- In December 2014 the Australian Nursing and Midwifery Federation held the National Graduate Nurse & Midwife Roundtable in an effort to secure more jobs for graduates as it was estimated that up to 40% of nursing and midwifery graduates were without a job
- At the end of 2015, GradStats data showed that the percentage of nursing (initial) graduates getting a full time job within 4 months of graduation dropped below 80%
2011 registered nursing graduate Bradley Winter has shared some tips on what to do if you don’t get into a graduate nursing program. In the second half of this article, 2012 registered nursing graduate Laurie Bickhoff shares what she believes is required to gain entry into a graduate nursing program.
The Australian Nursing and Midwifery Federation have said that Australian graduates are competing for jobs with overseas trained nurses coming to Australia on a Visa.
All of these statistics are in spite of the fact that Australia is on track to have a shortage of 109,000 nurses by 2025, with aged care being one of the areas which will require many more nurses in the future. My Health Career’s view is that nursing students need to consider employment options for their first job outside the hospital setting.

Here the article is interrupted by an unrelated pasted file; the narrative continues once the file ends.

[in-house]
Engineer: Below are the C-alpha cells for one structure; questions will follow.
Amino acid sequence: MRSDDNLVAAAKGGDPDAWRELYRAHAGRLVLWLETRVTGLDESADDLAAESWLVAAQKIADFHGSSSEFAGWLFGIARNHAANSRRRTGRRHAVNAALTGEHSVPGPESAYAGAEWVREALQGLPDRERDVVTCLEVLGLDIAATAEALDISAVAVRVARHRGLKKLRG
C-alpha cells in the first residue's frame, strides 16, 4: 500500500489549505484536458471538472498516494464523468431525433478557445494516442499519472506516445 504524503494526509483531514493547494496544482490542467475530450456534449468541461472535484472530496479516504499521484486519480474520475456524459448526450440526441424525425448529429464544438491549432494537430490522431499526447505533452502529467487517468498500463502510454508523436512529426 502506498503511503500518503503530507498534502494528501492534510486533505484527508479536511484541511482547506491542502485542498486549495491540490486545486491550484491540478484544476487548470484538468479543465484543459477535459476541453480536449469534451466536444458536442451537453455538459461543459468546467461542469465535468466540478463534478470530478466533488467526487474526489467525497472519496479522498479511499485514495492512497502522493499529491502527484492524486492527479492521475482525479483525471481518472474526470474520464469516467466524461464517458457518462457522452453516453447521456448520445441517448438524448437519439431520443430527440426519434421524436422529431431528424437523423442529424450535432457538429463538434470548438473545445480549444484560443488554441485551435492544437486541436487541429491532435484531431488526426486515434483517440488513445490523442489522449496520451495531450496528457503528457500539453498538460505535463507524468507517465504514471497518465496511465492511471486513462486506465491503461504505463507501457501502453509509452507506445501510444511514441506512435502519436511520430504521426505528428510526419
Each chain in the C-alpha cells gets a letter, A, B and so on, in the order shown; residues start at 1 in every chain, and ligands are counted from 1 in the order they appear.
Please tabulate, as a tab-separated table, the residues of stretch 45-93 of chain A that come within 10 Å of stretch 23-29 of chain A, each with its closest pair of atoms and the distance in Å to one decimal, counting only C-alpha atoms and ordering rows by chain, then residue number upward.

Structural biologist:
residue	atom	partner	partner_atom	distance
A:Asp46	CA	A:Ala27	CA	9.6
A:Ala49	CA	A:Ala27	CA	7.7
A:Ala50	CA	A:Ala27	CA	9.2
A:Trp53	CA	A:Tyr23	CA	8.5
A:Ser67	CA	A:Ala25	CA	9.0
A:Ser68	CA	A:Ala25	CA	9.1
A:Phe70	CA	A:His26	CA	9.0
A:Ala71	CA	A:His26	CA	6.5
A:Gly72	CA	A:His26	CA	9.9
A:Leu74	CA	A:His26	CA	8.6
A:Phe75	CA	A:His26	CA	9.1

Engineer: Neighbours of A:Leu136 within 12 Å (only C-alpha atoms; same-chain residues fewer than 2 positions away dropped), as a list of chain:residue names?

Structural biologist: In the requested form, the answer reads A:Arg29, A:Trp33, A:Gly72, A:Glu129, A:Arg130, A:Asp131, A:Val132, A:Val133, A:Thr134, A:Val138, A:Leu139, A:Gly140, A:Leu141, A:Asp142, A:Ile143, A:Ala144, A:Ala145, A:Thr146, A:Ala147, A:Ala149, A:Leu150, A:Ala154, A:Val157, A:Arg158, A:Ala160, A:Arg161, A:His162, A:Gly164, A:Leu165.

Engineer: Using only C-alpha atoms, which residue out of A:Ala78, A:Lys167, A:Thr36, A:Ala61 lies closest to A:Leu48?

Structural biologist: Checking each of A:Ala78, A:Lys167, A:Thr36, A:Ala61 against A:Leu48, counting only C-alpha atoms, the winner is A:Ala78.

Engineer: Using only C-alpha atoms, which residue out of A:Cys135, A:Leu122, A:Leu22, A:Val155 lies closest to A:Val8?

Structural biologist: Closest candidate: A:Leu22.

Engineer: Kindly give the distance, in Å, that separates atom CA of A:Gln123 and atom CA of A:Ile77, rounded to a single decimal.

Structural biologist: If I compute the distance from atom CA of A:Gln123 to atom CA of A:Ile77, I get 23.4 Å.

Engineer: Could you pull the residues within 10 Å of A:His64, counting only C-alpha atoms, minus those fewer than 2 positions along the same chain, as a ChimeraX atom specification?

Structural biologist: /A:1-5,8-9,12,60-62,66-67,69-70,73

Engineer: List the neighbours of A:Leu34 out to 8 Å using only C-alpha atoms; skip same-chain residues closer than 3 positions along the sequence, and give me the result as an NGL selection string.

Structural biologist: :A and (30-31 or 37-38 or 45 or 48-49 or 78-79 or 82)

Where are the courses?
ATAR / OP for nursing
Click here for ATAR / OP information for nursing courses in Australia.
Click here for ATAR / OP information for midwifery courses in Australia.
Click here for the latest news about nursing.
Please read our scholarship listing thoroughly for this information.
How much money do nurses earn?
The statistics on myfuture say that full-time employed registered nurses earn an average of $1222 per week and part-time employed registered nurses earn $764 per week. A 2013 survey from the Australian Primary Health Care Nurses Association stated that nurses who worked in a general practice had an average hourly rate of $32.90, which had increased from $32.24 in 2012.
Videos about a career in nursing
Click here to go to our videos about a career in nursing. Videos include “A nursing career – where can it take you?” and “Nurse training – let’s listen to Sim Man the simulator!”
Career information from professional associations
Go to this page and click on the links from there.
Image: Image: David Castillo Dominici – freedigitalphotos.net
This page was last updated in May 2018.